Yes, the rumors are true. I have written a play titled Willpower. The play is about Will Adams (1878-1909) who lived in Marquette and was ossified. What is ossified? Think petrified and paralyzed. When will you be able to see the play? It will be produced by the Marquette Regional History Center at Kaufman Auditorium on Thursday, September 18th and Friday, September 19th at 7:00 p.m. It will be directed by Moire Embley and will have a stellar cast.
But if you can’t wait that long, you are invited on Wednesday, February 26th to the Marquette Regional History Center’s Annual Meeting, where besides the annual business meeting, introduction of new board members, and presentation of the Peter White and Helen Longyear Paul Awards, I will give a short talk about my process of writing this play and then Jessica Bays will offer a dramatic reading of a scene from the play. The meeting is at 7:00 p.m. at the History Center and free to members and the general public.
Below is some more information about the play from the MRHC’s events listing:
There are some stories that deserve to be told. As a young boy Will Adams’ soft tissues were becoming harder, turning him into a living statue. Others faced with such a dark future might have felt sorry for themselves, turning inward. Not so for Will, his disease brought about an amazing creative burst of energy. His story is as inspiring today as it was 100 years ago. With a stellar cast and direction, this will be a “do not miss” production! Tickets in advance are $15; $20 at the door.
And here is some more about Will Adams, taken from my book My Marquette:
Will Adams, the adopted son of Sidney and Harriet Adams, was born in 1878 to Detroit parents who died while he was an infant. In his youth, Will was a soloist in the boys choir at school and church and enjoyed athletic pursuits, but a baseball injury resulted in soft tissue becoming hard until eventually he ossified into a living statue. By his mid-teens he was confined to a portable couch and only his face remained mobile. By sheer willpower, Will survived to the age of thirty-one. No longer able to perform athletics, he became one of Marquette’s first literary figures, starting his own magazine business. His family hired him an attendant to whom he could dictate his magazine. He named his magazine CHIPS. Besides his own text, he included political cartoons and even caricatures of such town leaders as Peter White, Nathan Kaufman, and John M. Longyear. The paper was largely supported by advertising, so a phone was installed in the Adams home, and his attendant would hold the phone to Will’s mouth so he could talk up his bi-monthly magazine to prospective advertisers.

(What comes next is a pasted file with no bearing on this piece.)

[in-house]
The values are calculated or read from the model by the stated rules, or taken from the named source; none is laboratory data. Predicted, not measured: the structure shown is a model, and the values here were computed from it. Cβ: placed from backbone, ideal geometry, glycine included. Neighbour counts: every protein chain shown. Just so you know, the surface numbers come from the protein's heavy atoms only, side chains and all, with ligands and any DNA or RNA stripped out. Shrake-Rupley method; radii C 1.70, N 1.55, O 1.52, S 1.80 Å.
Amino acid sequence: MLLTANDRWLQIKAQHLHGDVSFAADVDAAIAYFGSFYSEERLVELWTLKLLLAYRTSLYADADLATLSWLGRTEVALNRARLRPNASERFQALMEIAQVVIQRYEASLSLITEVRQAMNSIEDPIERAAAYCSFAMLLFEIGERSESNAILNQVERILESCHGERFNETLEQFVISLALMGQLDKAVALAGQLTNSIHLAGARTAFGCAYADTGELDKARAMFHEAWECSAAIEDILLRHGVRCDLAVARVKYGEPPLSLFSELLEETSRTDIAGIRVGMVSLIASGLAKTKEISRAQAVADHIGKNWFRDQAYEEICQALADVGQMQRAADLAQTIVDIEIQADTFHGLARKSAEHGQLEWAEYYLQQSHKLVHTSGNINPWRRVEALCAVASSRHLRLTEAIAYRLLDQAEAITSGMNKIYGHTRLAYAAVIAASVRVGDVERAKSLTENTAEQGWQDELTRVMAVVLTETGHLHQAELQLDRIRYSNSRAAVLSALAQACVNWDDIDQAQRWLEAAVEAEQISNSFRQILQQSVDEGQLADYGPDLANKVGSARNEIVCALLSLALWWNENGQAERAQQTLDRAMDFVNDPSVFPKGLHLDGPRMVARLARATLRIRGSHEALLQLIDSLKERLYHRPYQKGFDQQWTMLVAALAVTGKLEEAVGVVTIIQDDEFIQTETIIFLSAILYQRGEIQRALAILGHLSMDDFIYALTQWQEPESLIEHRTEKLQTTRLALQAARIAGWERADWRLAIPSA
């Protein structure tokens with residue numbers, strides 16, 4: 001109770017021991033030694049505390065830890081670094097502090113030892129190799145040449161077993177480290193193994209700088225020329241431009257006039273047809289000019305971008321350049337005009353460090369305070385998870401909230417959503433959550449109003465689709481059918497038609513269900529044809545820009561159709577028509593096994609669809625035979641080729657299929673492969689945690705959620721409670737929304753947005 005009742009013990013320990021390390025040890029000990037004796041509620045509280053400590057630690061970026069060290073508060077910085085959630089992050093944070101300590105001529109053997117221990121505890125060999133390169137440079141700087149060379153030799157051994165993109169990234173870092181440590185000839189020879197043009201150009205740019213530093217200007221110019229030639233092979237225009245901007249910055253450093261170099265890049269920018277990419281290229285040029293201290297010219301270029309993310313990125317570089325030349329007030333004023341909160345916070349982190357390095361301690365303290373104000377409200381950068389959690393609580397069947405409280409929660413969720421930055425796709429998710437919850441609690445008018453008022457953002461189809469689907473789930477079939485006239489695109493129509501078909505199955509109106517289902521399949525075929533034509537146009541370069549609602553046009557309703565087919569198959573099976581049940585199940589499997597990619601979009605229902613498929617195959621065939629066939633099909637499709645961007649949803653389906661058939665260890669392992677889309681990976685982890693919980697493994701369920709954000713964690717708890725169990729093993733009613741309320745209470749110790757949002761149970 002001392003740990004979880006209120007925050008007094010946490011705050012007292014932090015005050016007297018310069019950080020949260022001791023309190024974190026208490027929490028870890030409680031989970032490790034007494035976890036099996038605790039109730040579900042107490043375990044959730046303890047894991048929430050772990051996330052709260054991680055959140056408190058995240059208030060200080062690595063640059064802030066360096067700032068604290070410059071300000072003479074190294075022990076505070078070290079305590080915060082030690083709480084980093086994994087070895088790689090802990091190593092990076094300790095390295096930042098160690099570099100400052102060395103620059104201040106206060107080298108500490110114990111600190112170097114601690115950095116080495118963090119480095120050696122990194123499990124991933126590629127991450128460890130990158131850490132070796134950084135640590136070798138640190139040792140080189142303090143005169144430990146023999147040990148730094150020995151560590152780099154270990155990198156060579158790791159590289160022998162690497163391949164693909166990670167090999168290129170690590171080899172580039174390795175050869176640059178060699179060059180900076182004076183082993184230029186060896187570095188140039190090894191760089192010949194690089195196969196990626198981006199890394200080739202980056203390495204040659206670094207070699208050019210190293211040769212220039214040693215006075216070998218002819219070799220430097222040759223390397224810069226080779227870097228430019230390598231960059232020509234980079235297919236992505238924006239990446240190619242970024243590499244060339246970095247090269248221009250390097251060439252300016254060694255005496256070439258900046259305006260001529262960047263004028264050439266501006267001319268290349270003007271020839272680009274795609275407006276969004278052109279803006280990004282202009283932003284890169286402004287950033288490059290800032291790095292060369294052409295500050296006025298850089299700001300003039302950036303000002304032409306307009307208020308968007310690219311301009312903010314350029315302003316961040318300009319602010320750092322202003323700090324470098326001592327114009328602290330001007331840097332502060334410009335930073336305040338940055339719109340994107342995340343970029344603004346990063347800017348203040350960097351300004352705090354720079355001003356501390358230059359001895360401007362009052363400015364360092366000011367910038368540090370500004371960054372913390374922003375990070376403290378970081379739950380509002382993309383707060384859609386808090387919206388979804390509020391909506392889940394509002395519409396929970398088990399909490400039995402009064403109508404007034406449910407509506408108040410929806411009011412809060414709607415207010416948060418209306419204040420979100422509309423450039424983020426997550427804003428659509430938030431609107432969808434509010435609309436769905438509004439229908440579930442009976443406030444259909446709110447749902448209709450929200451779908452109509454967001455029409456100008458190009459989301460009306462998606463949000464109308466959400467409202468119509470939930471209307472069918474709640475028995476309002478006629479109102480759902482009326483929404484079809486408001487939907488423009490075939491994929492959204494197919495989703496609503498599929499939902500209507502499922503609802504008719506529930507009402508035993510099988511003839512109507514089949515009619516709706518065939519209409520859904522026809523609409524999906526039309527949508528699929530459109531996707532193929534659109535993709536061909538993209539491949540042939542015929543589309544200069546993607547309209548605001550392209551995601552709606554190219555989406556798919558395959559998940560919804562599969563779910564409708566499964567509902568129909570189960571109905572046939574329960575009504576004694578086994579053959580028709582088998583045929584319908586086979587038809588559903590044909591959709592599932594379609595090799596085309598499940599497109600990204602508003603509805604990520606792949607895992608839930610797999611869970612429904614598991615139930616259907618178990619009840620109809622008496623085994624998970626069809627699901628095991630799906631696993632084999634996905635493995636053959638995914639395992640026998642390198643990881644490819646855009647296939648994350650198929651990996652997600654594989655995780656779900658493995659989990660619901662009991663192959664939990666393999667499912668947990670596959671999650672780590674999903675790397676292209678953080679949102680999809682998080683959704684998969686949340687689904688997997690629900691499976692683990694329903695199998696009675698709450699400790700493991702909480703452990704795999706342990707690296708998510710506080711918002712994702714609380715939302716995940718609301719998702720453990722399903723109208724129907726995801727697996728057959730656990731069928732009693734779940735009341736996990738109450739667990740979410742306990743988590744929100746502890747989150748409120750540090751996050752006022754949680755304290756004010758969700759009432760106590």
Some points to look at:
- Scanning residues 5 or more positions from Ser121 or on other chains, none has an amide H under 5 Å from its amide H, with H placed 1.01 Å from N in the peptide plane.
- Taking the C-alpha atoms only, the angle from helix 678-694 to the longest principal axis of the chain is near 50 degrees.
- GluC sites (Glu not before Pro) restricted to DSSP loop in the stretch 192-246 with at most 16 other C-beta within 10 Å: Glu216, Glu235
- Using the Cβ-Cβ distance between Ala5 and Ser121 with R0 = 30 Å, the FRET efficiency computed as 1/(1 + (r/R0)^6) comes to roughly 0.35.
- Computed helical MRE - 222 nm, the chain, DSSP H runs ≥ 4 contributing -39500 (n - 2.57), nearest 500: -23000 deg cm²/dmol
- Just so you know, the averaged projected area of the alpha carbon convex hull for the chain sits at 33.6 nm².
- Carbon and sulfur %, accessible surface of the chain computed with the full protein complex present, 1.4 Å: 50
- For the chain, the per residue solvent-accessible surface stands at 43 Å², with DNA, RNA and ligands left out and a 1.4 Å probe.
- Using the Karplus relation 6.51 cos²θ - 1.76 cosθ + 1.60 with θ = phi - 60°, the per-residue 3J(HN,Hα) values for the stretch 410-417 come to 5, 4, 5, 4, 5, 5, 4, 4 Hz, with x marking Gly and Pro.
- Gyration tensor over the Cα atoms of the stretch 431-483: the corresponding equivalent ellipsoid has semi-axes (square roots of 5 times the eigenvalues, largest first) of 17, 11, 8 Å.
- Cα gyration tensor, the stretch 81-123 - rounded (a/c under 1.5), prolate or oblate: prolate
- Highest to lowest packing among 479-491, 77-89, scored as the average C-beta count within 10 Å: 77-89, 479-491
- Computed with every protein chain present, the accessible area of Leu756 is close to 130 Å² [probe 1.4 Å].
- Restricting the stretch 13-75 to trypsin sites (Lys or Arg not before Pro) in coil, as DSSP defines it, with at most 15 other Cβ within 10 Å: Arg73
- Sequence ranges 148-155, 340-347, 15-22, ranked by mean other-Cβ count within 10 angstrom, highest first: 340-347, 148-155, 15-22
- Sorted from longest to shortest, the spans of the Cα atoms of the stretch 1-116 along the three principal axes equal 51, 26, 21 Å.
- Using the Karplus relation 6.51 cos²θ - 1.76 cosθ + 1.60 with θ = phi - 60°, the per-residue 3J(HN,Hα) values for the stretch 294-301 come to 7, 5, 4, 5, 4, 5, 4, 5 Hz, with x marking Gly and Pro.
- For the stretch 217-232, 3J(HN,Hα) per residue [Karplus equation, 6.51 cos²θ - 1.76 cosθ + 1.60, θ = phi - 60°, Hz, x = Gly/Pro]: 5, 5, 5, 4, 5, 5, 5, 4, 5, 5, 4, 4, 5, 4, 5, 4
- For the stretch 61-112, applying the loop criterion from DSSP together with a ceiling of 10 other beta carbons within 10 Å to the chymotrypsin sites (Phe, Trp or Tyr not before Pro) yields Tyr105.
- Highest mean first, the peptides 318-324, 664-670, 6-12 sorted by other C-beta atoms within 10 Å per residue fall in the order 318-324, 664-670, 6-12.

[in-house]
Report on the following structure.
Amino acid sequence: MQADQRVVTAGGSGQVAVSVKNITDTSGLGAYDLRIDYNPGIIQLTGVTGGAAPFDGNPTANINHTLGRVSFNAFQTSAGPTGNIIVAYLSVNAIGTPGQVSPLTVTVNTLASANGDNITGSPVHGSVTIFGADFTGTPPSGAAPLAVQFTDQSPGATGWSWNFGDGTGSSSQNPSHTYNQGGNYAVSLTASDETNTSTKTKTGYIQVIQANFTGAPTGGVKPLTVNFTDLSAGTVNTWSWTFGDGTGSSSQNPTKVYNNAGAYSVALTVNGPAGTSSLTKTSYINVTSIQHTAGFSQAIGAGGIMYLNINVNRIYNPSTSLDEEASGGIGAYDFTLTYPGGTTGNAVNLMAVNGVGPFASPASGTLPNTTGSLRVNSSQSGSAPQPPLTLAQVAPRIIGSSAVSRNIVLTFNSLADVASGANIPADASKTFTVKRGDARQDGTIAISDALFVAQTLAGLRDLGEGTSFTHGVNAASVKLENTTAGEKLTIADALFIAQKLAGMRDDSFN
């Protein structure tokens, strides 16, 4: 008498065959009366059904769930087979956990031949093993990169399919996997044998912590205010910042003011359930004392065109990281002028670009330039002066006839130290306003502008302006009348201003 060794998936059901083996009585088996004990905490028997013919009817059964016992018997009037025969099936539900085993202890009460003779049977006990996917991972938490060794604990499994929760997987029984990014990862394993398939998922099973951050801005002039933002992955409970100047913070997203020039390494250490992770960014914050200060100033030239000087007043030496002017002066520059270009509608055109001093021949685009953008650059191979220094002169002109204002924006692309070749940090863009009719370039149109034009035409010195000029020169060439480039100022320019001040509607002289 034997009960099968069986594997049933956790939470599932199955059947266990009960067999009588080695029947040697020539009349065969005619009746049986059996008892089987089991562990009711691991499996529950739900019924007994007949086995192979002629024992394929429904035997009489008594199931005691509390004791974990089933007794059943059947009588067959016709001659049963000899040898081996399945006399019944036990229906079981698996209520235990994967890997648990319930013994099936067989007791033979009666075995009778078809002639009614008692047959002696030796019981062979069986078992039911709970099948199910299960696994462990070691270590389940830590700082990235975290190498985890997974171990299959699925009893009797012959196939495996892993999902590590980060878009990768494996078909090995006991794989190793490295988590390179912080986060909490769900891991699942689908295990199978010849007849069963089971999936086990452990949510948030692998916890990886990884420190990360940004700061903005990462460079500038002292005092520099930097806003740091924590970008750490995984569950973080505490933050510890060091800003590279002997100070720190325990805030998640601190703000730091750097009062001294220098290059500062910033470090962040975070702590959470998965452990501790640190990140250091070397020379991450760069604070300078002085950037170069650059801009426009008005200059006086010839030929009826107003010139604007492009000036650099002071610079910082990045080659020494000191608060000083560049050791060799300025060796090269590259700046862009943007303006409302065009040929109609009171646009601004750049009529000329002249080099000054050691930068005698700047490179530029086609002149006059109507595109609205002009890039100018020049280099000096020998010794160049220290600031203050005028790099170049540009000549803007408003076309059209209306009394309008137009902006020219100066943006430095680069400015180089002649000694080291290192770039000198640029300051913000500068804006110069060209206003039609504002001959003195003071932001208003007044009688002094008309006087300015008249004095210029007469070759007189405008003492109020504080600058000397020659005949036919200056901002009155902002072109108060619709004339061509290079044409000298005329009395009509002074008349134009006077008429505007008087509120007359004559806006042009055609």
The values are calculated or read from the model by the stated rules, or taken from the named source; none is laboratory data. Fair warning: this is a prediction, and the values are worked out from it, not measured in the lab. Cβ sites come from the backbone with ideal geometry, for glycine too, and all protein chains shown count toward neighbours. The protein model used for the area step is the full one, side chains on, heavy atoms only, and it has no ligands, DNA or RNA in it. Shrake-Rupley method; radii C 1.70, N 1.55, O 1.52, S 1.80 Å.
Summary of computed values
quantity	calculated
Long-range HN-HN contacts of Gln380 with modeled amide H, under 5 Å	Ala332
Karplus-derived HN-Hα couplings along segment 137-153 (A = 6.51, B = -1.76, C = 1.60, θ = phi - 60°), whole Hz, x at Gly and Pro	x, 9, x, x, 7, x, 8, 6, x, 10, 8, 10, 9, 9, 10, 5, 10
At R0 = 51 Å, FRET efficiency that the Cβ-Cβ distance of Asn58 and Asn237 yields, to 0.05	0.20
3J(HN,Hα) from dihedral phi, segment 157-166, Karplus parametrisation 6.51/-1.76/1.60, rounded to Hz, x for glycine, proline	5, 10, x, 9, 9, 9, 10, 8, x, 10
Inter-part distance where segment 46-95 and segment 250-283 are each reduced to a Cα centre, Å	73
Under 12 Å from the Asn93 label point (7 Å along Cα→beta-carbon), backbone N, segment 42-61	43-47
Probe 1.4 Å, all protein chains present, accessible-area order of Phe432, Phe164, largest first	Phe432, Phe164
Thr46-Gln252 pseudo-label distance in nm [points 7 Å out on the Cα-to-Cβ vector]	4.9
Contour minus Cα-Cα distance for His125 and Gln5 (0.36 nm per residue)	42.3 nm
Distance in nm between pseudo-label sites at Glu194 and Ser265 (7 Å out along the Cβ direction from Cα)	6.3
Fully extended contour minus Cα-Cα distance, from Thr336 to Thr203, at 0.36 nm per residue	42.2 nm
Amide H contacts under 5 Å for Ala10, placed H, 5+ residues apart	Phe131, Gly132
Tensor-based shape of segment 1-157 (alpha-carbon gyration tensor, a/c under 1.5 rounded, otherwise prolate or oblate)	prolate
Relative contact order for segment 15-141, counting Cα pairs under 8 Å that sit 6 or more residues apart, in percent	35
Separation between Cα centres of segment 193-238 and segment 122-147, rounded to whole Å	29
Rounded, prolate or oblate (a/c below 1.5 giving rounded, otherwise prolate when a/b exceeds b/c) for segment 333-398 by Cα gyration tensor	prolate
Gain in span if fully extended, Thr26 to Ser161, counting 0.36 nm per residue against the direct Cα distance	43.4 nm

Will also composed an opera with his childhood friend, Norma Ross, then the directress of the Marquette schools’ music program. Will hummed melodies and Ross wrote them down. Their end result was the production of Miss D. Q. Pons an opera which premiered at the Marquette Opera House on July 3, 1905 with Ross in the title role. Will viewed the opera from the wing in his portable bed, and when its success led to the troupe traveling for sellout performances in Ishpeming, Hancock, Calumet, and Sault Ste. Marie, Will traveled with them by train. In 1906, Will also founded another newspaper, the Marquette Chronicle to which he contributed an original article each day. He died on August 10, 1909, preceded by his adopted father, Sidney Adams in 1906. Will once joked about his literary efforts, “Every specimen of writ is a silent story of how the author was saved from cerrebrius combustion.”
I hope you will join me in celebrating one of Marquette’s most fascinating historical figures, both at the MRHC’s annual meeting and when the play is performed in September. As Will himself wrote in one of the ads for his own operetta, Miss D.Q. Pons: “you will finally have the chance to enjoy yourself for once in your life.” See you there!